Wrong! A search of this blog revealed that I hadn’t. So the next chance I had, I went back and ordered the same thing, pictured above, a combination burrito with carne asada ($6.05). It was light on the beef, which would bother some, but the stew-like filling was, dare I say it, more traditional. The first time I got it as a combo (a combination burrito combo?) with chips and a drink ($9.20).

You order and pick up from a window, where they’ll place squeeze bottles of red and green salsa on your tray. (It’d be great if they also handed out copies of the Sinclair Lewis novel “It Can’t Happen Here,” but no, I brought that with me.)

The small dining room is done in pastels. the wall art includes Mexican currency mounted inside a frame, and a few photos show the place as Taka Taco and then Taco King, labeled with the year.

Was anything here prior to Taka Taco, or was it the original occupant? Inquiring minds want to know.

Taco King has tacos, of course, for $1.90, soft or hard, with carnitas, pastor, asada, chicken, beef and cabeza (head meat), plus burritos, taquitos, burgers, nachos, menudo and breakfast items. It currently has a middle of the road 3 stars on Yelp, the usual split-the-difference rating between those who love it and those who say they threw their food away.

Three stars is about right, though: solidly good. But I have newfound respect for the place. While there’s nothing hip or trendy about Taco King, and the overall look and style may veer closer to Del Taco than Tacos Mexico, when was the last time you had cabeza or menudo at Del Taco?

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Restaurant of the Week: Sweet Dough Cafe

MOVED TO VICTORIA GARDENS

Sweet Dough Cafe, 360 W. Foothill Blvd. (at Redding ), Upland; open 7 a.m. to 6 p.m. daily except Saturday

They make cinnamon rolls at Sweet Dough, which is in the Foothills Kitchen incubator in the space that used to have Bert and Rocky’s. It’s a walk-in operation with limited seating. Most people evidently want to eat their cinnamon rolls out of sight, maybe with the container open on their lap, where they can huddle over it in privacy.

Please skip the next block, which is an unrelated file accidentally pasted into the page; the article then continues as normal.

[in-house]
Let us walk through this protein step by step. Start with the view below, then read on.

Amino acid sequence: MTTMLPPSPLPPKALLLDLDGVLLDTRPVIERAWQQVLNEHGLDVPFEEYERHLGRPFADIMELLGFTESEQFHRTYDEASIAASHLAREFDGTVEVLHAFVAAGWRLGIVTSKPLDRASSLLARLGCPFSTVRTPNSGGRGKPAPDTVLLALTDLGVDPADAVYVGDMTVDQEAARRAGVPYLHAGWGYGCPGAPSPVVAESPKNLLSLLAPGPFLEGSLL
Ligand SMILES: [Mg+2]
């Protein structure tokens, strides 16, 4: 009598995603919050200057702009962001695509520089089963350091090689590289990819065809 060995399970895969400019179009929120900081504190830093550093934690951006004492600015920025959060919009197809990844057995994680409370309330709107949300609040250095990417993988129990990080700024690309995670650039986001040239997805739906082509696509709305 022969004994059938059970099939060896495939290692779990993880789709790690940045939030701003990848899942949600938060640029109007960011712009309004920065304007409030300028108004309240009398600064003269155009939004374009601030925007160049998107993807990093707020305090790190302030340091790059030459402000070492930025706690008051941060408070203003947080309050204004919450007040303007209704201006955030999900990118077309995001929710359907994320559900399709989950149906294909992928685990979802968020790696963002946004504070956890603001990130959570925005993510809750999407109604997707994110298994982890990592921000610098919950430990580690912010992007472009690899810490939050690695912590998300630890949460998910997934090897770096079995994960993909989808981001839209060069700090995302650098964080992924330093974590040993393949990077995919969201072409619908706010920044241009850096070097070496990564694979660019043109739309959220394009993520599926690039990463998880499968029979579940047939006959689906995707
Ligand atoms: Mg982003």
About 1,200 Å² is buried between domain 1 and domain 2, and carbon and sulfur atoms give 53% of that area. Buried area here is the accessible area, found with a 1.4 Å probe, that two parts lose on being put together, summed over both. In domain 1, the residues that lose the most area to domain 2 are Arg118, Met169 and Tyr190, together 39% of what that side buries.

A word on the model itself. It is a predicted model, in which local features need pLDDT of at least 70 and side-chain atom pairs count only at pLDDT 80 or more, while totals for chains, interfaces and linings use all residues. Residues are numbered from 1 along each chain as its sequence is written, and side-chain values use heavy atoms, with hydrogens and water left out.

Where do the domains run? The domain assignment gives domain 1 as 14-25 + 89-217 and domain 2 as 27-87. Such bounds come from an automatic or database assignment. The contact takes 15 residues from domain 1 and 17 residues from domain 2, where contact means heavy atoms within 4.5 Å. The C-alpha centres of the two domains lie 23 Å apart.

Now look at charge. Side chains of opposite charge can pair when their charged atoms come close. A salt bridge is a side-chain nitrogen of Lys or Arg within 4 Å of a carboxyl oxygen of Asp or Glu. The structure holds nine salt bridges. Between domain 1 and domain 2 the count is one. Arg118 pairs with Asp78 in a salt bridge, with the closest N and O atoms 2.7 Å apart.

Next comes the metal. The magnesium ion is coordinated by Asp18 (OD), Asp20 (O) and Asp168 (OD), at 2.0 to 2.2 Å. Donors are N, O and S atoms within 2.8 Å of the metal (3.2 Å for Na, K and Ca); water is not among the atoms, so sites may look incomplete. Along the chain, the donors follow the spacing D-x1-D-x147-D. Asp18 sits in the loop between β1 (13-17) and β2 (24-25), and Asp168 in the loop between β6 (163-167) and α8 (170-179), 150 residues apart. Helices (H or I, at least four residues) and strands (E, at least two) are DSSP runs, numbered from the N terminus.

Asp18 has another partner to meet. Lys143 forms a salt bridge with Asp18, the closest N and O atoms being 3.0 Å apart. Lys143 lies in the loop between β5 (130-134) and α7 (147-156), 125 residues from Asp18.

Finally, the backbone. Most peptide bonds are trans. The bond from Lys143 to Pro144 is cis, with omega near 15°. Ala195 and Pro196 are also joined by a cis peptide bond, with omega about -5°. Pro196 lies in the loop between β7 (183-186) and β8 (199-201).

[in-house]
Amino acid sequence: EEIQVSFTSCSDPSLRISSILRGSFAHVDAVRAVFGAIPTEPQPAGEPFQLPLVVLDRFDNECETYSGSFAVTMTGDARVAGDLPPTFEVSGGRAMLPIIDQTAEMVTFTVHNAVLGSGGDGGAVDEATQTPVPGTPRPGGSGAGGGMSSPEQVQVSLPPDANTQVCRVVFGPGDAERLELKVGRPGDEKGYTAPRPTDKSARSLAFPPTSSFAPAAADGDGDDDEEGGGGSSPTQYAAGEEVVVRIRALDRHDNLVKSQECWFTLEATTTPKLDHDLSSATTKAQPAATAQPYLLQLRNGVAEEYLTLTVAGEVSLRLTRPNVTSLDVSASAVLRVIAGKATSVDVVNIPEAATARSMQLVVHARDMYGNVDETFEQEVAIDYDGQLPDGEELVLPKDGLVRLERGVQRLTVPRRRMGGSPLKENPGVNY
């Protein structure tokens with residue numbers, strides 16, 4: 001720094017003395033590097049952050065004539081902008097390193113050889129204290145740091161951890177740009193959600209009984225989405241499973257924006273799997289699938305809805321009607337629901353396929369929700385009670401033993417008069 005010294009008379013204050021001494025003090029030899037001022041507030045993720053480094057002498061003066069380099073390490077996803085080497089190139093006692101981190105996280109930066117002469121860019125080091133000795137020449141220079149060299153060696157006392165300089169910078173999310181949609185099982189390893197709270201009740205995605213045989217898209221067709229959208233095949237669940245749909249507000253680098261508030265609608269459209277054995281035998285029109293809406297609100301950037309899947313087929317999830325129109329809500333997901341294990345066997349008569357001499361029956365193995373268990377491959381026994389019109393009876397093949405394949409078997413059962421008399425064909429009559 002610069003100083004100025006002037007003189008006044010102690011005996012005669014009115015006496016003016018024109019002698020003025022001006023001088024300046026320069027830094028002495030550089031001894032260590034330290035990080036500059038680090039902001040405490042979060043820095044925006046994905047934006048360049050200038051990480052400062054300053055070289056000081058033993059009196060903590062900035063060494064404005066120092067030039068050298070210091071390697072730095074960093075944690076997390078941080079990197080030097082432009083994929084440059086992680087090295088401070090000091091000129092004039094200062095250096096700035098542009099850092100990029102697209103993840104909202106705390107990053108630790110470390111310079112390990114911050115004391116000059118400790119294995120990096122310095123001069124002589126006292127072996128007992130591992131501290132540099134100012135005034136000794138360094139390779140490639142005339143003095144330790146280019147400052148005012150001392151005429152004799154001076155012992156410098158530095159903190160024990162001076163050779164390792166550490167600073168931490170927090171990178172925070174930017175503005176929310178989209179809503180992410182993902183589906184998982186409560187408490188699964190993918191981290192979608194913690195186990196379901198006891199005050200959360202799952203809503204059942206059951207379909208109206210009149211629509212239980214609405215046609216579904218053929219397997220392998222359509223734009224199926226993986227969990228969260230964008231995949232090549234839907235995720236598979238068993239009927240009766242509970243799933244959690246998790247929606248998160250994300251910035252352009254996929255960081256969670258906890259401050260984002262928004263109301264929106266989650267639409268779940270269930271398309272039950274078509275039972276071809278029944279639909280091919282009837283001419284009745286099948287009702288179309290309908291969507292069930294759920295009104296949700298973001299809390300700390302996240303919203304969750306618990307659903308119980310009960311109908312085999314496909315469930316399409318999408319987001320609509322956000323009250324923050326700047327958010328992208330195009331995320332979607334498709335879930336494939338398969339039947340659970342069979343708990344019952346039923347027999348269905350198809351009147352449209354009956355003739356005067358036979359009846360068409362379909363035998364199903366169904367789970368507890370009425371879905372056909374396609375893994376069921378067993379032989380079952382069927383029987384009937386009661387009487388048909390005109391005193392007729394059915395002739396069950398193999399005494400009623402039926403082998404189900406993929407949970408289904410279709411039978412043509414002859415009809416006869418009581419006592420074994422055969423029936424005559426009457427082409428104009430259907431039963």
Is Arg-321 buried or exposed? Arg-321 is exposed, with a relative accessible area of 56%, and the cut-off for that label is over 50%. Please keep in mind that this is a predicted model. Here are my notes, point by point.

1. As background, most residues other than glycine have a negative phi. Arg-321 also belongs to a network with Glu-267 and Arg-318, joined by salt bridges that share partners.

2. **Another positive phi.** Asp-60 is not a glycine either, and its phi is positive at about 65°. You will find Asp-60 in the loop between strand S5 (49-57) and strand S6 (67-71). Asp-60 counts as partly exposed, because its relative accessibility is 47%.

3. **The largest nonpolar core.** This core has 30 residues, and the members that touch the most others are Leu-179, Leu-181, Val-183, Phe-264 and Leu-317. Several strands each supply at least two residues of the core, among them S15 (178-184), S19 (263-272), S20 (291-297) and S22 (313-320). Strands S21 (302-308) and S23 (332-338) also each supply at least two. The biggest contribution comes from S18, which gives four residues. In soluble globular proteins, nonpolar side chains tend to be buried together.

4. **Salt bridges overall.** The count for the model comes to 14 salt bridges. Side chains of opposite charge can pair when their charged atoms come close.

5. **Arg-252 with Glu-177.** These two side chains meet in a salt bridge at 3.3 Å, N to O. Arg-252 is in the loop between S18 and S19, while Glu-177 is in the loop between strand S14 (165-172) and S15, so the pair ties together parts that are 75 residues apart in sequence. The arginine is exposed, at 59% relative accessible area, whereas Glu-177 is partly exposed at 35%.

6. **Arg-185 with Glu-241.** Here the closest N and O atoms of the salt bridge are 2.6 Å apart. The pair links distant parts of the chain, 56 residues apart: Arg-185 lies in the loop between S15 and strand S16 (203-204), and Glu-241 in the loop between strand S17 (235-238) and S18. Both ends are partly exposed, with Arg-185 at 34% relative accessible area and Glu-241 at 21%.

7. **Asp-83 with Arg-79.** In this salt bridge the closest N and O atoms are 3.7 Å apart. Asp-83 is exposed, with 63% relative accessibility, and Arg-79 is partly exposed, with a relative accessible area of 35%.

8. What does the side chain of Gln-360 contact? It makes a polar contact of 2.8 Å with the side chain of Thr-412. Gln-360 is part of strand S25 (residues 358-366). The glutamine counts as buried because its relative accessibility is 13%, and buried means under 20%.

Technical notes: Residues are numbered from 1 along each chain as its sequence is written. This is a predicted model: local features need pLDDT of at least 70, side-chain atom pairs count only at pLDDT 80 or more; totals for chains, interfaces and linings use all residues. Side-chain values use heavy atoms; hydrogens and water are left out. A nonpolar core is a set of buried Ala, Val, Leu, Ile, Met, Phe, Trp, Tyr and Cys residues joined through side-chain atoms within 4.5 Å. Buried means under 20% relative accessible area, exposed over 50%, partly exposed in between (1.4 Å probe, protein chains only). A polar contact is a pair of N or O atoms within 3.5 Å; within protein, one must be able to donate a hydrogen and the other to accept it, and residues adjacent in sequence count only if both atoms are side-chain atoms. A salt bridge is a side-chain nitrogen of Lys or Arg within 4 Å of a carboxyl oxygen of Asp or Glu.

At any given time the display case probably has eight rolls, but the full list is 50, and the staff says it’s more like 80. The basic rolls are $4, with specialty rolls $4.45 or $4.95.

Among the rolls: the Elvis, Butterfinger, caramel macchiato, Snickers, caramel apple, cinnamon horchata, maple, salted caramel and Nutella butter cookie.

I’ve had the Valencia orange, the original cinnamon and one that was more clearly a dessert than a breakfast item, the peanut butter and chocolate. They’re pictured below in that order.

These are proportionately like cupcakes, but bigger, rather than disc-shaped. I liked them, the first two more than the more elaborate peanut butter and chocolate, which may be more a reflection of my no-frills taste than commentary on the rolls themselves. One thing’s for sure, Sweet Dough’s orange beat Pillsbury by a mile.

The staff is friendly, particularly the woman I believe is the owner. Her young son helped ring me up on my last visit.

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Restaurant of the Week: California Fish Grill

California Fish Grill, 1135 E. 19th St. (at Campus), Upland; open 11 a.m. to 9 p.m. daily

Located in the newest section of the Colonies Crossroads Center, California Fish Grill is next to Oggi’s, on the north side of 19th Street. I was across the street getting a new cell phone recently and thought I’d try out CFG for dinner.

The experience and menu are similar to Pacific Fish Grill, which has a location in the Shoppes at Chino Hills that I’ve visited repeatedly. There’s an array of fresh fish entrees, which you can order with various seasonings and sides, and you order at the counter.

I got a combo of salmon and swai ($11.50), with rice and zucchini as my sides. On a second visit, at lunchtime, I got the serrano lime salmon bowl ($9). I enjoyed both of these meals; they seemed light, fresh and healthy.

A few points of comparison with Pacific Fish Grill: The latter delivers to your table instead of making you pick up your food (on a giant metal tray that holds two or three plates and looks like overkill when you’re eating solo); it doesn’t charge 50 cents more for brown rice; and it offers a side of vegetables, not simply zucchini.